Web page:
Fly Them to Kearny Mesa: “Fashion Flights,” the third annual Golden Avenue School PTA fashion show fundraiser, was such a novel idea that local TV stations requested personal appearances by the models. The show's flight theme featured 15 models, ages six to adult, portraying travelers garbed for trips to distant lands.
Casual to formal fashions from Lemon Grove shops included leopard printed jumpsuits, frilly party dresses, snappy suits with peplum jackets, the ubiquitous hats with veils and flowers without which no self-respecting woman left home in those days, and plenty of Samsonite luggage.
The Lemon Grove Review ran a front page photograph of seven models piling into a “woodie” station wagon for the trek to KFMB, San Diego's first TV station, established 1949, up Kearny Mesa way.
Fly Them to Paris: Not to be outdone, the PTA of Vista La Mesa School held its fifth annual fashion show, “Ooh La La,” in the cafeteria, which had been transformed into a Parisian sidewalk café. As models strolled past signs reading “St. Germain,” “Right Bank” and “Christian Dior,” pianist Betty Means and the Balladears warbled a medley of French songs. Frank Black was the commentator and parents and kiddies modeled stylish stuff from area shops.
Fly Them to Vegas: A “Three-Day Las Vegas Vacation for Two,” sponsored by the Lemon Grove Chamber of Commerce, boded well for the group's annual budget with nearly 2,000 raffle tickets sold, reported Chamber president Larry Folda.
Western Airlines contributed the flight tickets, the Desert Inn the digs, the Chamber $300 in spending money, Michael's Steak House a filet and champagne dinner, and local shops an array of baubles, shoes and swell duds.
Ransack 1959 issues of the Lemon Grove Review though we will, we can't find the winners of this snazzy getaway. It's been 50 years, but if you're out there, sing out.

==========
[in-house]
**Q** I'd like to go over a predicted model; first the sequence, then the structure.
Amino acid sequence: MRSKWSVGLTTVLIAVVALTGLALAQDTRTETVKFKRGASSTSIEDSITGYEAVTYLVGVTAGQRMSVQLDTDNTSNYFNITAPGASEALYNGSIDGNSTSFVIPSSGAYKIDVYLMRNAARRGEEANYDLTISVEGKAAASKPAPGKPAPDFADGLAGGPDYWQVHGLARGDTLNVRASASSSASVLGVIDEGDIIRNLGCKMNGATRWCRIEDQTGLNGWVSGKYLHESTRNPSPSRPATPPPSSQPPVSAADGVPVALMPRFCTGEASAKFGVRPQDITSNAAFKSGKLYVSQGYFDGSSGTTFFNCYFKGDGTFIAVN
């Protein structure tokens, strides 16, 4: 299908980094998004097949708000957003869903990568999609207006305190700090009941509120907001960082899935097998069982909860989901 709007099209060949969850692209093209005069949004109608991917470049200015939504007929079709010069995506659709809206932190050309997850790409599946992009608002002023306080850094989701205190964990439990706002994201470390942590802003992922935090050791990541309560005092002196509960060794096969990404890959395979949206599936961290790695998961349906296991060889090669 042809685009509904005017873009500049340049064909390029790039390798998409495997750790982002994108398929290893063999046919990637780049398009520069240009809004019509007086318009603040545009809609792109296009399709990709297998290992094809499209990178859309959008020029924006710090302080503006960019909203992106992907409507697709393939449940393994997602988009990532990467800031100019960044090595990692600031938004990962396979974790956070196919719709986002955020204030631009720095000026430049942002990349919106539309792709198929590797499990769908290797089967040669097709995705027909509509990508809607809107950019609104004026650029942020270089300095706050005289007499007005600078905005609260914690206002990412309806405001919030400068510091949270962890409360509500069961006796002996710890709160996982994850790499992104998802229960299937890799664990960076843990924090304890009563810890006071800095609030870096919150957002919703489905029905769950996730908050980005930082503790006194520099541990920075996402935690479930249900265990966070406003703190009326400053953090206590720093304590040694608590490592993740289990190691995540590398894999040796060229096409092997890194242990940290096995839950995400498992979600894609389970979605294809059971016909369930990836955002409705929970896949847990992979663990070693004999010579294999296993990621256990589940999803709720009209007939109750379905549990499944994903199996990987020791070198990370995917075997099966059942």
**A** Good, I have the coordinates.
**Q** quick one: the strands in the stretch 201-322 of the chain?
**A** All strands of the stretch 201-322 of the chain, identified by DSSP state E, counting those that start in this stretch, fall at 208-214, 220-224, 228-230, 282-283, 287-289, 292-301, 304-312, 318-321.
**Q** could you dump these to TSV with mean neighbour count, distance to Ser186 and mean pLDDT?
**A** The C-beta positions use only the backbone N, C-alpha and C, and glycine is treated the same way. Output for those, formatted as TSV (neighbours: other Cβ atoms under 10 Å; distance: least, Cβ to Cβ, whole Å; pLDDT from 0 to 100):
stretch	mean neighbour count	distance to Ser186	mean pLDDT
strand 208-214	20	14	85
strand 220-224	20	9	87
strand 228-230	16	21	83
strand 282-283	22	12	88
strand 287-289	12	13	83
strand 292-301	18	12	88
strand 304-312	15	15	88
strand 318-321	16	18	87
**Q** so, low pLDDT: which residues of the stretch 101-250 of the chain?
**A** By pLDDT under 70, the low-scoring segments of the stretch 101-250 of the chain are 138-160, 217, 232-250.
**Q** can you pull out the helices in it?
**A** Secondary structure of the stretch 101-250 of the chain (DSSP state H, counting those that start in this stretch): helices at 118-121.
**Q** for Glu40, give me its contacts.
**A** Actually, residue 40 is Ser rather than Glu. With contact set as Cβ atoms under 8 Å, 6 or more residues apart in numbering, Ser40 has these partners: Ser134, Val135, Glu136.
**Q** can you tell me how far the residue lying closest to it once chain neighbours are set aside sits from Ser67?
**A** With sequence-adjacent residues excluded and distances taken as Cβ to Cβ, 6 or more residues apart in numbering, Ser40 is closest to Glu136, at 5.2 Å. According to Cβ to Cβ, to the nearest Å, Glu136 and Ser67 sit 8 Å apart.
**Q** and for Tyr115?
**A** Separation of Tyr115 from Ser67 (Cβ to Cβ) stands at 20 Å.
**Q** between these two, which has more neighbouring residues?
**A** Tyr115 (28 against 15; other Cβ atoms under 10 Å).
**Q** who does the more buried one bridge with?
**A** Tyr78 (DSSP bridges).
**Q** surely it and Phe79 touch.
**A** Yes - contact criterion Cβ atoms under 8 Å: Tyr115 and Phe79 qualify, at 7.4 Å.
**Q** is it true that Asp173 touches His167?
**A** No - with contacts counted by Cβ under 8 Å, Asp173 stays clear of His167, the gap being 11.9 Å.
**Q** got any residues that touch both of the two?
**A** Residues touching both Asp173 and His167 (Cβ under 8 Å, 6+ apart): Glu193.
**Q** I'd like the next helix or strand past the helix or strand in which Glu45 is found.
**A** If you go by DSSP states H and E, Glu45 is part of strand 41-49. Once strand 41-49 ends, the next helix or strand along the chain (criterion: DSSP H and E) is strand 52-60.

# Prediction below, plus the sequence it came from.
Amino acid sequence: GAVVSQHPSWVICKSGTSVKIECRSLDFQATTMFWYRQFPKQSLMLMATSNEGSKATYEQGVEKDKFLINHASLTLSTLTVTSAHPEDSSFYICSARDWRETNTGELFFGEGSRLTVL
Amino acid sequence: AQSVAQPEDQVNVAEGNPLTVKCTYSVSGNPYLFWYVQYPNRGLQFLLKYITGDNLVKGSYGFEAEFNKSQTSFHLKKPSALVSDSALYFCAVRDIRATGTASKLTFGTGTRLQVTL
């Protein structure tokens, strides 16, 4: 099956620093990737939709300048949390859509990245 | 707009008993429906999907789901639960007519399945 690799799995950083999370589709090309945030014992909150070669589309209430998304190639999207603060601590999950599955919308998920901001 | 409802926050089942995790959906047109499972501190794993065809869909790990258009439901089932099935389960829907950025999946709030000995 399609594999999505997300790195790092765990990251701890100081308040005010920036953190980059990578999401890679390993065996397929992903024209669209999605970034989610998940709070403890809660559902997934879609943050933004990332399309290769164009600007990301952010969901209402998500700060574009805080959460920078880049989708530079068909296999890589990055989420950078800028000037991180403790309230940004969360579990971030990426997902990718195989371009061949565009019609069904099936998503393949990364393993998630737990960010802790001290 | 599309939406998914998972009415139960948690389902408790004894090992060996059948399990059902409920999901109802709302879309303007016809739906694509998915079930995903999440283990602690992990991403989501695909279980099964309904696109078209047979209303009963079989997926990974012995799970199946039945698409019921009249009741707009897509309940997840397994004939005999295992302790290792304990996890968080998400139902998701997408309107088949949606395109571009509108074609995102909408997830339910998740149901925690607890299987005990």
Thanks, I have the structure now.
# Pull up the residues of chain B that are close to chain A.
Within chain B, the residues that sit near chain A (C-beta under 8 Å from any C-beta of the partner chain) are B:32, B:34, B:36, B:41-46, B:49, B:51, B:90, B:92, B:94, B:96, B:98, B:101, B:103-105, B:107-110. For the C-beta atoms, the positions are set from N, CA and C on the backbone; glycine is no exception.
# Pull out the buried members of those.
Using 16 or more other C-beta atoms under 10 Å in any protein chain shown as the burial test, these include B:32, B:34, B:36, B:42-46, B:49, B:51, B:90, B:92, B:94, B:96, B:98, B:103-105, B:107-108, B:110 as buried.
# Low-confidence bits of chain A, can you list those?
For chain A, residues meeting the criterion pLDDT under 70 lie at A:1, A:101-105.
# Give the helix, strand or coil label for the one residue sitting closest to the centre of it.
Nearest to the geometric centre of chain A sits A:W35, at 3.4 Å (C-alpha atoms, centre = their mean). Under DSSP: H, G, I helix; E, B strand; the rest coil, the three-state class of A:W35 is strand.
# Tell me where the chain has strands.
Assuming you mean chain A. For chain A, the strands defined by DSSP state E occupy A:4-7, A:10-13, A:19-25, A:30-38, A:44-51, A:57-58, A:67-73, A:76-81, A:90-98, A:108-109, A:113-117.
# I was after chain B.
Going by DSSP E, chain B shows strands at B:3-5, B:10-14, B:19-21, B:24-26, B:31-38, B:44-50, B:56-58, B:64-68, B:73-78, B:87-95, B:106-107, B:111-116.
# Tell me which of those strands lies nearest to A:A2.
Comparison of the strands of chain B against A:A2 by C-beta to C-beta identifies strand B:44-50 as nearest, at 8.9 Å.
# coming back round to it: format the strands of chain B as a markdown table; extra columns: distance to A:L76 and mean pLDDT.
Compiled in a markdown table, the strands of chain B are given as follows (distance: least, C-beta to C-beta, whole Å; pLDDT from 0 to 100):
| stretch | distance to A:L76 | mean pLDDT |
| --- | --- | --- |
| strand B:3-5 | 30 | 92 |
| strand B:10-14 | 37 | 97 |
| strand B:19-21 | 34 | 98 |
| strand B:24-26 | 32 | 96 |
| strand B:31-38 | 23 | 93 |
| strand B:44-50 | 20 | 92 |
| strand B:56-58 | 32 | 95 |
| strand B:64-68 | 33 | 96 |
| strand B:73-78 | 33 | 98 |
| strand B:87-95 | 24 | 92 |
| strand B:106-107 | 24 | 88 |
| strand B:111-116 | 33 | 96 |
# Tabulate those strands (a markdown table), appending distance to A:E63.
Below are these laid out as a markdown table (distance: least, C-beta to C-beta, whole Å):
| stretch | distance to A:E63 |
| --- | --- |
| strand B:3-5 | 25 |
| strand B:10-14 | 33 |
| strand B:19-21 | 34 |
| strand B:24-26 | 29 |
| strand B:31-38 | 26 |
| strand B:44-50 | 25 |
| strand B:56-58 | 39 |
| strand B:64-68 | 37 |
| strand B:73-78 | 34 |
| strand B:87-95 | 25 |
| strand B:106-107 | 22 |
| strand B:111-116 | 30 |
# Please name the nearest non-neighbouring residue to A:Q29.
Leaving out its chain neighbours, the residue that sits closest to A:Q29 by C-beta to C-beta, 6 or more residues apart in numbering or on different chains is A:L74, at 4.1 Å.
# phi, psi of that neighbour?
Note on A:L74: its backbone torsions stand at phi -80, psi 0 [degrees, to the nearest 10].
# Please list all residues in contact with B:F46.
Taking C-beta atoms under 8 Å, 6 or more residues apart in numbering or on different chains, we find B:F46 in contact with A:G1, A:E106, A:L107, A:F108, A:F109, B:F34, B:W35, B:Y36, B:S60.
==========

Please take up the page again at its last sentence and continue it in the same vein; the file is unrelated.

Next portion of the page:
Fly Them to Harvard: Seven Lemon Grove students made the Dean's List at San Diego State College (SDSU) with grade point averages ranging from 3.8 to 4.0. To qualify students had to carry 12 units and maintain a GPA of 3.5 or higher.
The envelope, please: Barbara Proppe (straight As), James Henderson, Richard Sheresh, William Glazebrook, George O'Hare, Michael Roehm and Barbara Edwards.
Fly Them to Hollywood: A trio of Lemon Grove Ford salesmen, Leon Floquet, E. E. Grable and Kenneth Dewey of Spears Ford, 7220 Broadway, were inducted into the Ford 300-500 Club in a ceremony held at the Moulin Rouge in Hollywood.
Jim Spears, owner of the dealership, hailed the pitchmen for their “energy and smart sales technique” and predicted they would make the trip to L.A. in 1960 as their sales records were “well ahead” of everyone else in the Southern California Ford market.
The Moulin Rouge Theatre and Night Club lives on in neon splendor at the corner of Sunset Boulevard and Vine in the heart of Hollywood. When it opened in 1953, you paid $5.50 for a deluxe dinner, floor show and dancing.
Fly Her to the Moon: And let her wish upon the stars. She could be as wrinkle-free on Jupiter or Mars. Dorothy Haizlip, owner of Haizlip's Pharmacy, 7801 Broadway, ran a woman-to-woman ad in the Review, promising to rid milady's chops of pesky lines and dryness.
“Tiny unnatural lines are robbing you of your true beauty,” wrote Haizlip. “Polyderm by Prince Matchabelli can be the answer. This wonderful new face cream developed by chemists and doctors for women with dry, lined skin takes but seconds to apply at bedtime. Please stop by tomorrow and let me tell you more about Polyderm. $2 and $3.50 plus tax.”
The real Prince Matchabelli was once the Russian ambassador to Italy. He and his wife, Princess Norina Matchabelli, fled to the U.S. after the Russian Revolution and launched a perfume and cosmetic line in New York. It was later sold to Saul Ganz, then to Vicks Chemical, then to Chesebrough-Ponds, then to Unilever, then to Parfums de Coeurs.
Today, Matchabelli perfume bottles sell on eBay for $10 to $300, while Polyderm is the name of a wound dressing used on battlefields and in emergency rooms.
Fly Him to Madison Square Garden: Archie Moore, light heavyweight champion of the world, addressed the Lemon Grove Men's Club at Michael's Steak House. Then 42 and a Madison Square Garden favorite, Moore was fresh from his 1959 win over Sterling Davis by a knockout in the third round.
Moore still holds the record for the most wins by knockout (131) and is in an elite group whose boxing careers spanned four decades. He retired to San Diego and started a film career, garnering praise for such roles as Jim, the runaway slave in Michael Curtiz's production of “The Adventures of Huckleberry Finn.” Honors continued to accrue to “The Old Mongoose,” as he was nicknamed, until his death in 1998, age 82.